For existing and new characters, the costumes in the series are elegantly detailed and tailored, with jaw-dropping elements like geometric belt buckles and steampunk goggles appearing throughout. In the posh town, Piltover officials wear golden embellishments on their clothes – Councilor Shoola’s incredible kinetic necklace casually spins like a clock, and police wear gold metal masks to roam Zaun.
Meanwhile, in Zaun, the characters wear the jacket of whoever they can steal, polishing their own steampunk look from leftovers in The Lanes. It’s a filthy haunt of bars, clubs, brothels, and street food vendors, lit by smoky green hues and the promise of fun that lurks behind every closed door.
Vi and the gang.
“Designing characters belonging to the well-known PI can be tricky,” Maunoury said. “But with the support of the artists at Riot and the trust of Christian Linke and Alex Yee, the creators of Esoteric, we had a lot of fun doing this job. ”
Fortiche usually begins with a writ of Esoteric the directors Arnaud Delord and Pascal Charrue, who bring reference moodboards to the team. Once the character designers have their sketches reviewed by Riot and the directors, they also need to be technically approved to ensure the design can be done within budget.
League players will notice the weapons in the show almost immediately, and Fortiche didn’t make a mockery of them – the DIY punk mechanical chompers and Jinx’s machine gun appear in the game and show, for example. “The weaponry is probably one of the things we have diverged the least from the game because it is a key part for the champions and we wanted to make sure MDRFans of “would recognize them in the show,” Manoury said. “We did adapt some elements though, to make sure the functionality would make sense when our heroes manipulate them.”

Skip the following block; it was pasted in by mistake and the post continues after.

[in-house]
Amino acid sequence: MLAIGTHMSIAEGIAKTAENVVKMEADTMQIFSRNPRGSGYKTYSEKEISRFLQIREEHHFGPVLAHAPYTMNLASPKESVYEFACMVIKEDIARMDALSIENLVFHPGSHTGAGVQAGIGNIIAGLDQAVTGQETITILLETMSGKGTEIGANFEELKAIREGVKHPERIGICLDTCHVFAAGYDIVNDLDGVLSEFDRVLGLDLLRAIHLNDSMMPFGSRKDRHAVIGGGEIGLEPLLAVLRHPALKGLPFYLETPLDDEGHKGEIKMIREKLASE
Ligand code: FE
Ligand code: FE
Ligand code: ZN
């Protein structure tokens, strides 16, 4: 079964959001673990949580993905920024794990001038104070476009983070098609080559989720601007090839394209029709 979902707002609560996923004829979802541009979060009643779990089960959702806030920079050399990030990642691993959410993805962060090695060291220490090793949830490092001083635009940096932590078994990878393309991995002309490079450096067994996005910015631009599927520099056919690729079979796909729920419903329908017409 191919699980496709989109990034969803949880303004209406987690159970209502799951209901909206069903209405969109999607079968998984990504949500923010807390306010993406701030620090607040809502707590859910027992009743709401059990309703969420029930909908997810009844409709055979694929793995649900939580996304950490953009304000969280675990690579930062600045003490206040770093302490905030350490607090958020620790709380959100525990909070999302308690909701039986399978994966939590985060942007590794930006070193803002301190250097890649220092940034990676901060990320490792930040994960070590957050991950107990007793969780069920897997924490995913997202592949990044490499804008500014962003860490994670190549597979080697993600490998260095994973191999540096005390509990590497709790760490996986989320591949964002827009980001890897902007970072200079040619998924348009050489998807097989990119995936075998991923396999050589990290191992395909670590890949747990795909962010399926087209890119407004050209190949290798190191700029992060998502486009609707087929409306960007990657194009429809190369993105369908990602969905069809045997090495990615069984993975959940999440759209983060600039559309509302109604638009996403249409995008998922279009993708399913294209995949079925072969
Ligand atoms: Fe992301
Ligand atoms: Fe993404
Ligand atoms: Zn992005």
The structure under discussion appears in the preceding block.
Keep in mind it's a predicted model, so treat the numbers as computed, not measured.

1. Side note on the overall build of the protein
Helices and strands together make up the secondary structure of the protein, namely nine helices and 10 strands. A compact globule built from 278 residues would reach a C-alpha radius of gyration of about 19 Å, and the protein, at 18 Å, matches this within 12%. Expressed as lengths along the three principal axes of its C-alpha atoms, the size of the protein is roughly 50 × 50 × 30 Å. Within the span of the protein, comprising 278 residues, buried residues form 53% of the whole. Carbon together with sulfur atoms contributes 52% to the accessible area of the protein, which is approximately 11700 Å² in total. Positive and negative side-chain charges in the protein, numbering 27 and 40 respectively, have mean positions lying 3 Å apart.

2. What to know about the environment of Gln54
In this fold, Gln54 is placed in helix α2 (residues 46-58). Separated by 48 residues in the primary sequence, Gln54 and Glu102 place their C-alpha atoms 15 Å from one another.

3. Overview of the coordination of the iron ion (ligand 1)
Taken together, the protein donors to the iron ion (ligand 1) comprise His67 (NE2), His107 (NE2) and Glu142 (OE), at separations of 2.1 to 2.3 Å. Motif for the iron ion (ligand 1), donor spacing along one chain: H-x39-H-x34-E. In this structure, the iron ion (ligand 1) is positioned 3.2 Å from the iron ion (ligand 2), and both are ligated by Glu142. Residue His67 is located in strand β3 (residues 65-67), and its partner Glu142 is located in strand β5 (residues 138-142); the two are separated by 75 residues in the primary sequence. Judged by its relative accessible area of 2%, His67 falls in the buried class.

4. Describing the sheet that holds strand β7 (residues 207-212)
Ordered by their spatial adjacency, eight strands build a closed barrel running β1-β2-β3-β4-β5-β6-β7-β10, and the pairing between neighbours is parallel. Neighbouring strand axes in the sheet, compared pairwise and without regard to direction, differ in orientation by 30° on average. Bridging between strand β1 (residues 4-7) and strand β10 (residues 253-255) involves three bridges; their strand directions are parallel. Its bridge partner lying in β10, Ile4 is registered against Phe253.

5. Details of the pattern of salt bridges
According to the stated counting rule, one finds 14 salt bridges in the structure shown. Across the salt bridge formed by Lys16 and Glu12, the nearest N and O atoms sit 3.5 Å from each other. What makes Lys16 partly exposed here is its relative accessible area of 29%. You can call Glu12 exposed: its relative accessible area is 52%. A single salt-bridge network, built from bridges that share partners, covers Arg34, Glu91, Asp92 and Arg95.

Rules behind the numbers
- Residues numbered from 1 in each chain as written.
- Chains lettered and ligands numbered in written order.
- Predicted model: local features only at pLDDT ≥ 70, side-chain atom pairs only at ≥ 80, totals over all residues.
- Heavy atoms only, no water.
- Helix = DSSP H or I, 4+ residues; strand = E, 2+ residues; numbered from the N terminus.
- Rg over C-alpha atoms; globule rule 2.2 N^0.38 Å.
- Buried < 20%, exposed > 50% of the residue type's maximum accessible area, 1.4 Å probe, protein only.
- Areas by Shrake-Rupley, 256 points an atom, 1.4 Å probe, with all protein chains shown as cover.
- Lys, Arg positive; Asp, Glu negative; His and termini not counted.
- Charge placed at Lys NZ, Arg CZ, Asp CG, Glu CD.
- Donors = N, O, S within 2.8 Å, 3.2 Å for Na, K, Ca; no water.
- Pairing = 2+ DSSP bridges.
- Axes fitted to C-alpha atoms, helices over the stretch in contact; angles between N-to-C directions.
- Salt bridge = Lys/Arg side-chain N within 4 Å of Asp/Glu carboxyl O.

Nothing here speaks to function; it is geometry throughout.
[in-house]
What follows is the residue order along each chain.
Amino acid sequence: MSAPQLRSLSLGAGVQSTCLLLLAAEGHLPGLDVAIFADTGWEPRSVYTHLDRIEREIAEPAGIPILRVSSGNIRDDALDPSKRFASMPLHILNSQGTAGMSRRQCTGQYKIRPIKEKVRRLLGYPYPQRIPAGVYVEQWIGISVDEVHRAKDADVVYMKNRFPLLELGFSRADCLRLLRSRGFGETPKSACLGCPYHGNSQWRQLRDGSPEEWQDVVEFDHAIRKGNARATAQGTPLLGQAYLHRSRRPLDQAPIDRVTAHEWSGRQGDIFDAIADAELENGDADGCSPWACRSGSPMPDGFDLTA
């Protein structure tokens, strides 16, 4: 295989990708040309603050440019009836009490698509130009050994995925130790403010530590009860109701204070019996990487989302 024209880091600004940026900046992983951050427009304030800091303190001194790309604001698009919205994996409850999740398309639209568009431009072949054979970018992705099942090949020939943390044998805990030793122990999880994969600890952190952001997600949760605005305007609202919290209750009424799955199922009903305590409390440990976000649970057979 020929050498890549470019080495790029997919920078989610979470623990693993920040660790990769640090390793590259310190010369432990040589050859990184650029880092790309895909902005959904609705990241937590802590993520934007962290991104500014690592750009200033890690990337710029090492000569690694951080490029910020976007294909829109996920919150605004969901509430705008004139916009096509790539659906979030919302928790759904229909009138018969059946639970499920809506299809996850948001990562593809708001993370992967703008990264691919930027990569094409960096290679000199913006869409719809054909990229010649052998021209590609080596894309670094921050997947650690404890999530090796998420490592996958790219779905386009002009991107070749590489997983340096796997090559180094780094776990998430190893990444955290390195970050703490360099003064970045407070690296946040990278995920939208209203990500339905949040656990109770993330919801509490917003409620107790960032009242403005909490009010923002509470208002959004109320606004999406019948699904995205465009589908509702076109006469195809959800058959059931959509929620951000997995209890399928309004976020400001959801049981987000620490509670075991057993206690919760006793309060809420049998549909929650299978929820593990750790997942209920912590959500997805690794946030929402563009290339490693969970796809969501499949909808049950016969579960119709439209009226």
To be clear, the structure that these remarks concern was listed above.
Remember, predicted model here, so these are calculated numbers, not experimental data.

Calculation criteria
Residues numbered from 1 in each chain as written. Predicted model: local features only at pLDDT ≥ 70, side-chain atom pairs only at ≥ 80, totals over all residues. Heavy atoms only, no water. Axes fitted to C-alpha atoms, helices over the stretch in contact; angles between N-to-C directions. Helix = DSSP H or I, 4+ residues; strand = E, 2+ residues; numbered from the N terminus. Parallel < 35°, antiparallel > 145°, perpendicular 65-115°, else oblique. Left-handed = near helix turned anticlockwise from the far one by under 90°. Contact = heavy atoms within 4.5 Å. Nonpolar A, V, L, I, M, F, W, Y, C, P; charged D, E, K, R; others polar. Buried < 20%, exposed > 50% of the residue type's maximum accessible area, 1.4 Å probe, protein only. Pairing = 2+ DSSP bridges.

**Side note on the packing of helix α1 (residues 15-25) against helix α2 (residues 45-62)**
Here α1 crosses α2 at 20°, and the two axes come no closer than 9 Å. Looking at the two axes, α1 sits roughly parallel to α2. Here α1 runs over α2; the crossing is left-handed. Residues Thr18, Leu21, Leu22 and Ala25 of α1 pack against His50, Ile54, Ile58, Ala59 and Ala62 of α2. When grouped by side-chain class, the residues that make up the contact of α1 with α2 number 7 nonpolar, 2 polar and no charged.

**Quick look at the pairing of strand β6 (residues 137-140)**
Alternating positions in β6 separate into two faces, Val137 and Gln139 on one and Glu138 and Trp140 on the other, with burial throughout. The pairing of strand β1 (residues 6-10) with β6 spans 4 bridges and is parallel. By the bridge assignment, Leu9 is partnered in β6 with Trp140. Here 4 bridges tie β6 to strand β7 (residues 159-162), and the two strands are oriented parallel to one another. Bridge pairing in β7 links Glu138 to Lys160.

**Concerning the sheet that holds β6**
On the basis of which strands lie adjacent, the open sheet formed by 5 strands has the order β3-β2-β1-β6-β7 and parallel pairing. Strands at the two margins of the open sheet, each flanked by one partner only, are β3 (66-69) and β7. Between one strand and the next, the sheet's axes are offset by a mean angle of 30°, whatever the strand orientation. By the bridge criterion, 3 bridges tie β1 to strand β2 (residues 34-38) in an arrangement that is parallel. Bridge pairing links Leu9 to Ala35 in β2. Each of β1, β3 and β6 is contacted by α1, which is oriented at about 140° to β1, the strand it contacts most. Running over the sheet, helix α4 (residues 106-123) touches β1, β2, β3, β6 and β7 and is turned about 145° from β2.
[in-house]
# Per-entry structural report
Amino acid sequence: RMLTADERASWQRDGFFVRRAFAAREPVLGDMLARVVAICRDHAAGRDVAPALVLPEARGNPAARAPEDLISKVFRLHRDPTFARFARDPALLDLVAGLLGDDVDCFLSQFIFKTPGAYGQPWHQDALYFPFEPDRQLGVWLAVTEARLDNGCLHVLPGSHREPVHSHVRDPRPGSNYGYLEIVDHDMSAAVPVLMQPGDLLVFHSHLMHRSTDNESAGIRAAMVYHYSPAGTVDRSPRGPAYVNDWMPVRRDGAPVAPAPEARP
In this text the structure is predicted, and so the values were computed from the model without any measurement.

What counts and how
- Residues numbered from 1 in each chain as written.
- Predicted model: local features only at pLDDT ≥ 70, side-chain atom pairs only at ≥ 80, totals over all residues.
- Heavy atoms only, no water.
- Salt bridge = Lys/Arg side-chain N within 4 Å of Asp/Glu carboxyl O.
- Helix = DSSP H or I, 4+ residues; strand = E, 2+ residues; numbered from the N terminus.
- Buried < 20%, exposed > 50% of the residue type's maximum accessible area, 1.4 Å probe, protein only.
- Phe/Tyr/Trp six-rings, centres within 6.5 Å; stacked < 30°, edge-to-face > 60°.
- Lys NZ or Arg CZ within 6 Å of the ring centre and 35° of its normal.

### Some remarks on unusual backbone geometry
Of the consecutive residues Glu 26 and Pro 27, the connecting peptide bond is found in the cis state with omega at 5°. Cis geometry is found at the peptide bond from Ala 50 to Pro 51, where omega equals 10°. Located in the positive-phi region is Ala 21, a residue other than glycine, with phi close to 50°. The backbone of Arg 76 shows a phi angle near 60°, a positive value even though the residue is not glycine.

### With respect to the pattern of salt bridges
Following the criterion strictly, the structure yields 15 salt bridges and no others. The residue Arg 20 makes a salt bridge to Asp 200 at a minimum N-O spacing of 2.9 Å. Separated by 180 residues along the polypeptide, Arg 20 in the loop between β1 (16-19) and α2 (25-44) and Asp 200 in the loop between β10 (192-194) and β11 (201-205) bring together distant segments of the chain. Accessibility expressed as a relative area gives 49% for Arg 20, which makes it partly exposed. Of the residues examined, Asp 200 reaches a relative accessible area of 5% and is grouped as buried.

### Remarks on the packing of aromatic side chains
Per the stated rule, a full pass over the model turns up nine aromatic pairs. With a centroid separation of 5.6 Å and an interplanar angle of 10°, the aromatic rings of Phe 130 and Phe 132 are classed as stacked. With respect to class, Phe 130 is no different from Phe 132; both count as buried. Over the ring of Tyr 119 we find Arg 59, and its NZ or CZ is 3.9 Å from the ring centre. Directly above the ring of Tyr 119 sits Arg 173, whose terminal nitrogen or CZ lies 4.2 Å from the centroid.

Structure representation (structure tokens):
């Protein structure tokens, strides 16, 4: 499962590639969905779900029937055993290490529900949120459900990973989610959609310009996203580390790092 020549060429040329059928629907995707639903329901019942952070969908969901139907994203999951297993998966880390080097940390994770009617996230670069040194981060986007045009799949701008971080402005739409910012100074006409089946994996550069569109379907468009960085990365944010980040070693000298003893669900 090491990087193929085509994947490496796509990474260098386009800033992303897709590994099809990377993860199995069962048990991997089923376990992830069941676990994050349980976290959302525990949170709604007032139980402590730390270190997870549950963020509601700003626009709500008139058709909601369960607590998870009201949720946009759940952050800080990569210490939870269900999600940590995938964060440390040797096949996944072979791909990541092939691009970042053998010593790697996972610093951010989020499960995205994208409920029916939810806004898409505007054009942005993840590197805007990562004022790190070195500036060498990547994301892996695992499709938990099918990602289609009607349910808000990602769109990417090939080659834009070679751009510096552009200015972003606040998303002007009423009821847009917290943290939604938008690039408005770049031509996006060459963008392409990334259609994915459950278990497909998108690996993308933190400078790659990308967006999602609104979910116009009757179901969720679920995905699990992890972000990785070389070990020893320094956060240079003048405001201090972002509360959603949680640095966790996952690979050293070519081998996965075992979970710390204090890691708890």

It’s a hell of a weapon to carry.
But often the characters are overshadowed by the scene itself. Interiors and exteriors, taken from League lore, are extremely detailed, right down to the glass, and they often steal the scene they set up. There is a distinct difference between the winding, shaded, neon-lit streets of Zaun and the luminous, mechanical and Art Deco walks of Piltover, glistening with gold and glass like a landscape straight out of Bioshock Infinite. Meanwhile, the buildings across the river are replenished with whatever is left.
The roofs are itching to be rushed through.
“These places exist in the tradition of League of Legends, so we did not start from scratch, ”said Maunoury. “The process is no different from designing a character. The place has to tell a story and is, of course, as important as a hero. We put together a lot of research on moodboards, defining colors, shapes or patterns that adapt to the environment to make sure we keep consistency during the design process. I don’t have a particular favorite but if I had to choose between Zaun and Piltover, I would have to choose Zaun! “
“It’s as if the scene you are watching is the movie of her life that Jinx is editing herself with rage, scribbling directly on the movie.”
One of the biggest animation style differences Fortiche plays in Esoteric is the cohesive base animation and glowing, distorted neon scribbles that often accompany the inner turmoil of Powder / Jinx. It’s a particularly striking technique, similar to a graphic novel, which mixes 3D and 2D elements, for which Fortiche is well known.
“We usually use this mixture for effects like fire, gunshot, smoke,” Maunoury said. “The idea here was to use 2D animations and movie scratches to get you inside Jinx’s mind. It’s like the scene you’re watching is the movie of his life that Jinx is doing. to edit herself with rage, doodling right on the movie! Well done! to the 2Dfx team who did a great job designing and animating these scribbles. Also the editing and composition team for the final look! “
Jinx’s inner world is not a fun place.
That you played League of Legends or not, the sheer beauty of EsotericThe animation of should take you where a truly engaging and extremely dark story awaits. Don’t let the fact that you didn’t fight on the Rift keep you from enjoying it.
Esoteric is now streaming on Netflix.